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Publication numberUS6754759 B1
Publication typeGrant
Application numberUS 09/520,802
Publication dateJun 22, 2004
Filing dateMar 8, 2000
Priority dateMar 8, 2000
Fee statusPaid
Publication number09520802, 520802, US 6754759 B1, US 6754759B1, US-B1-6754759, US6754759 B1, US6754759B1
InventorsColin N. B. Cook, Warren K. Unice
Original AssigneeIntel Corporation
Export CitationBiBTeX, EndNote, RefMan
External Links: USPTO, USPTO Assignment, Espacenet
Transfer of information between devices on different buses
US 6754759 B1
Abstract
A system, method, and apparatus according to an embodiment of the invention uses a processor to transfer information from a first device to a common area. The information is then transferred from the common area to a second device, thereby bypassing restrictions that may impede a transfer of the information directly from the first device to the second device. In an exemplary implementation, a PCI card initiates the transfer of information from a video frame buffer of an AGP video card to a memory buffer on the PCI card, using an interrupt handler loaded during configuration of the PCI bus.
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Claims(25)
We claim:
1. An apparatus comprising:
a data medium having instruction information, the instruction information including transfer instructions, the transfer instructions being instructions to transfer video information relating to a video controller from the video controller to an area of common access, said video controller being on a first bus of a host computer to generate the video information, wherein the first bus has a first operating speed; and
a bus connector to couple the apparatus to a second bus of the host computer;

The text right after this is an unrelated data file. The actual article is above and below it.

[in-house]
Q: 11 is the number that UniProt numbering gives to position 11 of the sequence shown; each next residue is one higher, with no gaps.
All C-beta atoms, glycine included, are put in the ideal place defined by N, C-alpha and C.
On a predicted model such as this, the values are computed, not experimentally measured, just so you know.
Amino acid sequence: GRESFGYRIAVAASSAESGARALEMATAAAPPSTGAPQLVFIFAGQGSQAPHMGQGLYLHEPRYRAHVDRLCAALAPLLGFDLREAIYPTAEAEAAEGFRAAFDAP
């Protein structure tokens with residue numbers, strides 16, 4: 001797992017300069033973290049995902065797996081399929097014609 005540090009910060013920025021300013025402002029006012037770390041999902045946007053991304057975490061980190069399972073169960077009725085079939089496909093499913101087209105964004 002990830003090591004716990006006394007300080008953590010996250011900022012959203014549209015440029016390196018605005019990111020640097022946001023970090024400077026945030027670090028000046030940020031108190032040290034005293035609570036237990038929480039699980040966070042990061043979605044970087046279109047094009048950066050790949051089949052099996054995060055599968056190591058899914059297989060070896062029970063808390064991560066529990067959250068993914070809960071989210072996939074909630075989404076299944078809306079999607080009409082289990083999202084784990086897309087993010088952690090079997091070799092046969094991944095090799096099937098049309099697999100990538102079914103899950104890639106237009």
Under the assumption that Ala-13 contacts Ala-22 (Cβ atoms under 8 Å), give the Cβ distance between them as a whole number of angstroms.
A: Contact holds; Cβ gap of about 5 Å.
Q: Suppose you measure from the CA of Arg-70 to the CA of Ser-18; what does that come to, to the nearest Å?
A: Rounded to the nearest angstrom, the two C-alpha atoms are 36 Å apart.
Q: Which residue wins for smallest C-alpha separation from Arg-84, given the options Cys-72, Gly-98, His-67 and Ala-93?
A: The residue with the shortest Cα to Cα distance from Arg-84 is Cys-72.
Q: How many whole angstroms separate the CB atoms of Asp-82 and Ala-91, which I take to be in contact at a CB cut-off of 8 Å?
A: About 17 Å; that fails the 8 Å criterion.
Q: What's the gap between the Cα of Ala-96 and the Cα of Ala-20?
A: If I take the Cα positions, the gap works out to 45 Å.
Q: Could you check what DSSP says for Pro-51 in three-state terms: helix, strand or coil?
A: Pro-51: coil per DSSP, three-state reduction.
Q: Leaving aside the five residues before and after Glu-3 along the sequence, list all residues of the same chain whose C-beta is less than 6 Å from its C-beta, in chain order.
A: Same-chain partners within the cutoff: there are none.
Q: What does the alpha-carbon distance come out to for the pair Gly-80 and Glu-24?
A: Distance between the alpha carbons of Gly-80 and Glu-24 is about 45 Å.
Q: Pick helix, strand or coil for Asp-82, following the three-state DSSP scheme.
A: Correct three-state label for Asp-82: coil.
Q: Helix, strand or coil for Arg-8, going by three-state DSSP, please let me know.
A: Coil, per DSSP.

wherein the apparatus is configured to induce the host computer to transfer at least a portion of the instruction information to a main memory of the host computer over the second bus before an operating system of the host computer begins to boot, the second bus having a second operating speed that is different than the first operating speed,
wherein the portion of the instruction information includes the transfer instructions and second transfer instructions, said second transfer instructions being instructions to transfer the video information relating to the video controller of the host computer from the area of common access to the apparatus, the apparatus being an external remote video monitoring device coupled to said second bus to receive the video information from the video controller and to display the video information relating to the video controller locally on the external remote video monitoring device to permit remote monitoring of the video information output from the video controller, and
wherein the video information is transferred regardless of whether the operating system has correctly loaded, and the apparatus provides for
a remote selection of the operating system for booting, and
a remote execution of command-line repair tools, and
the apparatus has access to contents of a memory of the video controller on the first bus during substantially all stages of operation of the host computer.
2. The apparatus according to claim 1, the instruction information further including instructions to install the transfer instructions as an interrupt handler associated with an interrupt of a processor of the host computer.
3. The apparatus according to claim 1, said data medium comprising the area of common access.
4. The apparatus according to claim 3, said data medium comprising a read-only memory and a random-access memory,
wherein the read-only memory has the instruction information, and